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The Top Ten Best Books on Acting Ever Written

July 3, 2011 BelowTheLine, For Actors No Comments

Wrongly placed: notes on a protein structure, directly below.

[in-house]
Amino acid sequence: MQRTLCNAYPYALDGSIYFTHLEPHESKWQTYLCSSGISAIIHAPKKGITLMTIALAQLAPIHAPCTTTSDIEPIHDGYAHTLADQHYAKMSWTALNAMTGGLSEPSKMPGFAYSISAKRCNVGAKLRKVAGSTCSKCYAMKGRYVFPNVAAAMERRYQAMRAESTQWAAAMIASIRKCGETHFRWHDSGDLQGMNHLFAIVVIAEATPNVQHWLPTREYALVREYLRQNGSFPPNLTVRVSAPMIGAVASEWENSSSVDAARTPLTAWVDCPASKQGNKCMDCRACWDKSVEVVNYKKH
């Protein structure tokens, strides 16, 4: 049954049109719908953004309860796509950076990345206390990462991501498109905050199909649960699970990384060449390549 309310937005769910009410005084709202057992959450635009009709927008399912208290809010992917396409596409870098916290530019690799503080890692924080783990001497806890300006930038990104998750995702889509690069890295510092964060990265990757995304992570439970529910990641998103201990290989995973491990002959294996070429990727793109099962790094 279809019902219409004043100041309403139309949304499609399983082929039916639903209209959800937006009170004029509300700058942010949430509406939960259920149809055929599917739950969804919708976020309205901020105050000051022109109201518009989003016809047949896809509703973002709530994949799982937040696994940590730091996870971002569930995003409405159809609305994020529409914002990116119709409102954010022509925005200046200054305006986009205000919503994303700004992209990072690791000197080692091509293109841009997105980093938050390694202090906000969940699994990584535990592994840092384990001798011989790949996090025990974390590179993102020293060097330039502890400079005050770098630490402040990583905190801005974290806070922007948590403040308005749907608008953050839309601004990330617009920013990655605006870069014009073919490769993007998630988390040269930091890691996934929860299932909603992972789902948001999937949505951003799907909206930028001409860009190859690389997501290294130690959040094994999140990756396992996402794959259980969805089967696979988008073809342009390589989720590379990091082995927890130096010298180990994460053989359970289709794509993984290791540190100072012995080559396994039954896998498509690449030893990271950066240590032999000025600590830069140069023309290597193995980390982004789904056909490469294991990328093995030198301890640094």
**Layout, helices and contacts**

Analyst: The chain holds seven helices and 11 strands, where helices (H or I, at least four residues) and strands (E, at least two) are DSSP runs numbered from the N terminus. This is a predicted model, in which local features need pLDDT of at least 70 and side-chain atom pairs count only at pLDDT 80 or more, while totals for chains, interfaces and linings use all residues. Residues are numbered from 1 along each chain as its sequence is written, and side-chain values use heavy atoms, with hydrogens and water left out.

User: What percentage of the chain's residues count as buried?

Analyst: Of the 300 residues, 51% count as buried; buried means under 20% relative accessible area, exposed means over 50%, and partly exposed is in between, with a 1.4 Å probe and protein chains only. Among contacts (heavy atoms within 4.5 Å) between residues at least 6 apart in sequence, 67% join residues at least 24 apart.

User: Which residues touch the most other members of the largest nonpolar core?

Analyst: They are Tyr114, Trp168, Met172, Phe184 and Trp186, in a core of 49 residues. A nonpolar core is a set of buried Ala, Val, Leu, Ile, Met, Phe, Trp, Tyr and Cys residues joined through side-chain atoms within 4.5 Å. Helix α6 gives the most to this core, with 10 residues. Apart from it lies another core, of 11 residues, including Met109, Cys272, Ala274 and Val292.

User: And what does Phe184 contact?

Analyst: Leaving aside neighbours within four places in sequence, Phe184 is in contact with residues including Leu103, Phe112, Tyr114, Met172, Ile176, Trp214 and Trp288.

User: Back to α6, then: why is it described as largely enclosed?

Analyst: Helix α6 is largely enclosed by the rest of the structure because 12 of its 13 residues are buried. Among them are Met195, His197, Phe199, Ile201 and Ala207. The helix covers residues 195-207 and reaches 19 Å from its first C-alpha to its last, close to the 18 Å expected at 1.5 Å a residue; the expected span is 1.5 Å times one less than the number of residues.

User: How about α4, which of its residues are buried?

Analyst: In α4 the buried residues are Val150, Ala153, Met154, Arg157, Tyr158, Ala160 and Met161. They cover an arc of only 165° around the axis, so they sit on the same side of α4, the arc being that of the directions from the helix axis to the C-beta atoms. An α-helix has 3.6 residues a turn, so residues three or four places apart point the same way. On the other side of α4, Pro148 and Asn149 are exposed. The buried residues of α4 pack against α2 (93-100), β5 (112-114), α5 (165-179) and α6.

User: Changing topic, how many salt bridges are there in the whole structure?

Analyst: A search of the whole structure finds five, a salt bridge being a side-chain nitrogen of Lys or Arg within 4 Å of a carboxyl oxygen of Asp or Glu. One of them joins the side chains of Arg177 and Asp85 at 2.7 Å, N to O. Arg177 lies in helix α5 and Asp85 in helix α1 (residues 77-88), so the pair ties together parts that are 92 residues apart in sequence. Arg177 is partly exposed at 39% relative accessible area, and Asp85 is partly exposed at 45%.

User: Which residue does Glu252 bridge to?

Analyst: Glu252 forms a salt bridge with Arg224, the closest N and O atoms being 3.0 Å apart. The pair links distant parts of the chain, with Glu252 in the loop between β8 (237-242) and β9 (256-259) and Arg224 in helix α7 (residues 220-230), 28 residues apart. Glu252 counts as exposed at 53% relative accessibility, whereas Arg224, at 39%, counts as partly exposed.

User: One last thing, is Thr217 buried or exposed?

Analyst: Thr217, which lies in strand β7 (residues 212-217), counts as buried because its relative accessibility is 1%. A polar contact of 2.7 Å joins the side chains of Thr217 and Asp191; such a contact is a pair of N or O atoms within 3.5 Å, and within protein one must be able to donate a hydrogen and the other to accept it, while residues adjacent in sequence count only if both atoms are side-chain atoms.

Sanford Meisner has been called “the theater’s best-kept secret,” and Sanford Meisner on Acting by Dennis Longwell gives some insight into what techniques the hugely influential drama teacher used in his 50-plus years of work. One of the founding members of the Actors Studio (with Lee Strasberg, Stella Adler, and Harold Clurman), Meisner developed his own special lessons based upon his understandings of the great Russian teacher Stanislavsky. Turning away from the sense-memory exercises common among his colleagues, his training focused instead on a realistic approach to imagination and creativity. Unlike many other educators associated with “the Method,” Meisner had little tolerance for self-absorption or striving after strong emotional effect, instead preaching that clarity of purpose and efficient use of the psyche are the actor’s greatest tools. Longwell’s book follows a class of eight men and eight women through one of Meisner’s 15-month courses at New York’s Neighborhood Playhouse, with extensive transcripts taken directly from Meisner’s notes to the students on the basis of their exercises. With an introduction by director Sydney Pollack, one of the many influential artists who studied with Meisner (the book includes accolades from Maureen Stapleton, Arthur Miller, Gregory Peck, and Eli Wallach), this is an excellent introduction that helps to demystify the work of a great theatrical teacher.